Situation is made worse by MAPS.ME developers generally ignoring bug reports[7][8].


Main article: MAPS.ME/History

Small international company MapsWithMe with headquarters in Zurich, Switzerland, and engineering office in Minsk, Belarus, was founded in 2010.

In 2012 MapsWithMe became first on Startup Monthly — startup competition in Vilnius, Lithuania. The team won a nine-week traineeship in the Silicon Valley, USA, as a prize[9].

Beside MAPS.ME app, the company develops offline travel guides GuideWithMe based on WikiVoyage data and MAPS.ME API.

In 2013 developers of YotaPhone, a Russian smartphone with two displays, asked MapsWithMe to develop a version of the app especially for the e-ink display of the device. MapsWithMe released a special version of the app optimized for both color and e-ink screens of the smartphone[10]. The main screen allows users to see maps of all world countries, drop pins on the map and find their location. Then it is possible to move the maps to the e-ink display to use the map in the energy-saving mode.

In 2014 Maps.Me, was included in the list of top-15 startups according to Belarusian web-portal IT.TUT.BY[11].

In November 2014, Maps.Me was bought by Mail.Ru Group, a Russian internet company, and the whole team relocated to Moscow. In 2017, the team consists of roughly 25 people, developers and marketing.

On November 2020, Group sold to Daegu Ltd.

The new version 11.0.0 for iOS released in December 2020 changed the app significantly and removed what made this app interesting and worth using. E.g. the map style is completely different, there are no house numbers, no street names, no adding and editing POIs[12]. During this change the project was forked, with the fork named Organic Maps[13]. However, as of version 12 many of the offending changes seem to have been undone, with MAPS.ME and Organic Maps' product appearing quite similar. MAPS.ME requests much more permissions - such as contacts, biometric hardware and recording audio[14]. It also continued to focus on monetization with local guides, tourism and commerce which may be either useful features - or an obnoxious clutter.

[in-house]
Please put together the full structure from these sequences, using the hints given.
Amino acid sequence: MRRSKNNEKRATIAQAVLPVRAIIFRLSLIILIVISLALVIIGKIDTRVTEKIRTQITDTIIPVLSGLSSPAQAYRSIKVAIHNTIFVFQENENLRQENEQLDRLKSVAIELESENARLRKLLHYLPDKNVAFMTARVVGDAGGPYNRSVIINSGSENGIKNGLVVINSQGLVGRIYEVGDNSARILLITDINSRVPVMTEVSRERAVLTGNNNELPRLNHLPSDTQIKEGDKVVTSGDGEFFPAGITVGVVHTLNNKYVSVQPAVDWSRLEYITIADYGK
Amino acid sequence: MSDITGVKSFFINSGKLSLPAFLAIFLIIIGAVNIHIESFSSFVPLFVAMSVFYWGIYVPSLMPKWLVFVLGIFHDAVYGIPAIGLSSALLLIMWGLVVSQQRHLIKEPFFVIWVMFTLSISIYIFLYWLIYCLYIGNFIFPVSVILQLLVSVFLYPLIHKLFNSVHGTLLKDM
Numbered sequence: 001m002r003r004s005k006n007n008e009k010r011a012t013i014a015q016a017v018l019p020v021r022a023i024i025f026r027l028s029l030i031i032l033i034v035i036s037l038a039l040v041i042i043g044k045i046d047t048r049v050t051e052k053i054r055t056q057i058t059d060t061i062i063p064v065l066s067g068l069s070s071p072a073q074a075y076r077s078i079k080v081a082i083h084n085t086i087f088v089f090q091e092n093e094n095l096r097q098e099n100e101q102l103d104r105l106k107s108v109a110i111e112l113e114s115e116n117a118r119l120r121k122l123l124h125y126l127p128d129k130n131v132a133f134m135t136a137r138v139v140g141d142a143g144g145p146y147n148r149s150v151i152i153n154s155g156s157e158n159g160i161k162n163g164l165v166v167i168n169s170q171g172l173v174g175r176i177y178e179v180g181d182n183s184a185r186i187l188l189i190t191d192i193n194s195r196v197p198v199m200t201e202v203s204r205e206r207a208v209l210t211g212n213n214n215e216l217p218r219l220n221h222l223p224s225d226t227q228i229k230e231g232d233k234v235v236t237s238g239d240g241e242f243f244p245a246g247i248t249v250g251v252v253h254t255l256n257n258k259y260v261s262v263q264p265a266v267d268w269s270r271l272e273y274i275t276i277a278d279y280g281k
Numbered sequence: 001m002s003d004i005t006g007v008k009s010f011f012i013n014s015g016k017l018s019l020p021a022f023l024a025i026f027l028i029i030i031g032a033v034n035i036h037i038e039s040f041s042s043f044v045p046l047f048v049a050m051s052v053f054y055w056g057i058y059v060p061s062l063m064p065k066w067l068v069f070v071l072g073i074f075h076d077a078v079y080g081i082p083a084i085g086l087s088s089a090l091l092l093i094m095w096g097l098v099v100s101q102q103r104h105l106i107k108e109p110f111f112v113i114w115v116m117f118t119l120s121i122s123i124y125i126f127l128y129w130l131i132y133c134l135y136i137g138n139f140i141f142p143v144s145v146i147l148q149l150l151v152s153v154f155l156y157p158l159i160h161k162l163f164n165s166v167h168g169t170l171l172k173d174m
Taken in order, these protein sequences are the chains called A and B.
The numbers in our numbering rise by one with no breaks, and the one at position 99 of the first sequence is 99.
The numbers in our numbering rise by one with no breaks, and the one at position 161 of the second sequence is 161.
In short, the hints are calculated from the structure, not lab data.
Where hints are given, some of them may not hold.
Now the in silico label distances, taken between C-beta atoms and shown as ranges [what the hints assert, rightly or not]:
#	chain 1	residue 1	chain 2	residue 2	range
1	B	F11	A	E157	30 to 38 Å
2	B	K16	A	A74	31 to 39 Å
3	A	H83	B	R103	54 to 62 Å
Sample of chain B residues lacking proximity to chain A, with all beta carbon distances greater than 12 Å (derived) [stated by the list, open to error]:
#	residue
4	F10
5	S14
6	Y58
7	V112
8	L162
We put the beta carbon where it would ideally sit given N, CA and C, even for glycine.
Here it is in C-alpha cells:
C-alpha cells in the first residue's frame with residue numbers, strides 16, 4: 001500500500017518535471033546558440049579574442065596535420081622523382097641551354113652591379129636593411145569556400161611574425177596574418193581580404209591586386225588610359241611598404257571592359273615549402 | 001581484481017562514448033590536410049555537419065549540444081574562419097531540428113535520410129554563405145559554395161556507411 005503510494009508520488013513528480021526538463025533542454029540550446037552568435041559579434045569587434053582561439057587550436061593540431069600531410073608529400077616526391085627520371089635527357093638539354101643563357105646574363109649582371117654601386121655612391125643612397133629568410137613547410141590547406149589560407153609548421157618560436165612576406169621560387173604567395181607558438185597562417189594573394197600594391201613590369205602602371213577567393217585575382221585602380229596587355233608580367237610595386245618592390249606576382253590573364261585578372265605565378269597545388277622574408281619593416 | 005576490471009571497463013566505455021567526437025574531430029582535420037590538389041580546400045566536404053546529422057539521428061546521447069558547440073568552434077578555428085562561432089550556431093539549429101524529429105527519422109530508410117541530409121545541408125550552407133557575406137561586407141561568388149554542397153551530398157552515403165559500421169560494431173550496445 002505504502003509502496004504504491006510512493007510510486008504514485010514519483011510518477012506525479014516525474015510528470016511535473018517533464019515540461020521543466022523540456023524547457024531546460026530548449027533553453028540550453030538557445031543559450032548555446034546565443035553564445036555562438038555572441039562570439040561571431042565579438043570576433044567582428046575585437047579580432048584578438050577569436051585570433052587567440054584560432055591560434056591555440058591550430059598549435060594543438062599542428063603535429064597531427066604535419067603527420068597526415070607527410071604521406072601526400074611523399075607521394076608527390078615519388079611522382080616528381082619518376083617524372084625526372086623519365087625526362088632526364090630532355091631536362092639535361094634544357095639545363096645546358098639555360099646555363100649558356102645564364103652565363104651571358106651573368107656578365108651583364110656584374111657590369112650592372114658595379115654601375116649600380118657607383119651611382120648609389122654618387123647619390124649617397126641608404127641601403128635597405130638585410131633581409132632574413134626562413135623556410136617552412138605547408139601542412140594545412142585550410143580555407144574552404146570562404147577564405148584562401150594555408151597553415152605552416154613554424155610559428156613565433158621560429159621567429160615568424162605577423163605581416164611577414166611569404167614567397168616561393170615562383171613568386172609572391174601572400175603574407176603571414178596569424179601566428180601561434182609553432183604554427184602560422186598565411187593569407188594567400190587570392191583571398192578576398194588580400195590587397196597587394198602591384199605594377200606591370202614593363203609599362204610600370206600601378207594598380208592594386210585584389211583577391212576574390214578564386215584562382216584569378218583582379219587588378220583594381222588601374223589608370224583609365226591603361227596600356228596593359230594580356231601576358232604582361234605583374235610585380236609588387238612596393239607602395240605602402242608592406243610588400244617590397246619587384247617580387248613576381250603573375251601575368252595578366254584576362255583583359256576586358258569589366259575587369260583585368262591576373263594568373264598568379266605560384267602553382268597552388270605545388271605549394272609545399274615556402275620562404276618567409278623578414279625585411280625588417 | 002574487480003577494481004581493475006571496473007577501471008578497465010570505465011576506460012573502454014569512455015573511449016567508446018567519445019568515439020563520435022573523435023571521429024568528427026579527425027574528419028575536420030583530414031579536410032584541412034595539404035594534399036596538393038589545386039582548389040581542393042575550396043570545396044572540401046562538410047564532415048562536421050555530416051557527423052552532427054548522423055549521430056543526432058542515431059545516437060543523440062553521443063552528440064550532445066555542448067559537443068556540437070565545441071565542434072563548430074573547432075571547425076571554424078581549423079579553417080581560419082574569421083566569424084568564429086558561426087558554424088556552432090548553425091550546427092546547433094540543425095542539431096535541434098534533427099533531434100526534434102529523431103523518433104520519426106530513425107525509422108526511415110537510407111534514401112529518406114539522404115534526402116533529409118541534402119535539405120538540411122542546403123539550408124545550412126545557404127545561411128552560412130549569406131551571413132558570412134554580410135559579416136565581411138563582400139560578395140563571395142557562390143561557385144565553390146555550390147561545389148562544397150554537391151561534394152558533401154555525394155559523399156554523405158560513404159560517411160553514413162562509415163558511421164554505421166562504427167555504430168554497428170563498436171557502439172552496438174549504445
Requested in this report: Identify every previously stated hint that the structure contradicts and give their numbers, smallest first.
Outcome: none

In June 2021, the Maps.Me fork Organic Maps launched in the Play Store and App Store[15]

In summer 2023 the developers limited the number of map regions that can be downloaded for free to 10, resulting in user complaints. A few months later the limite appeares to have been removed. As of spring 2024 the limitation is back in place. Additionally the number of bookmarks that can be saved was limited.


The closest competitor of MAPS.ME is Organic Maps. As Organic Maps is a fort / spin-off of MAPS.ME the map style, bookmarks and other functionalities are very similar. Besides that, MAPS.ME competes with other mobile apps that provide offline maps like Guru Maps, OsmAnd, City Maps 2Go, 2Gis. Fast rendering and offline search are among benefits of MAPS.ME.

Data Source and Technologies

All map data for MAPS.ME are taken from OpenStreetMap. The app uses a proprietary data compression method developed by the company’s engineers that ensures fast operation and low memory usage.

Technologies used in the app: C++, Objective C, Java, Android NDK, Qt, OpenGL ES


MAPS.ME provides a free API for app developers for both commercial and personal use.

External links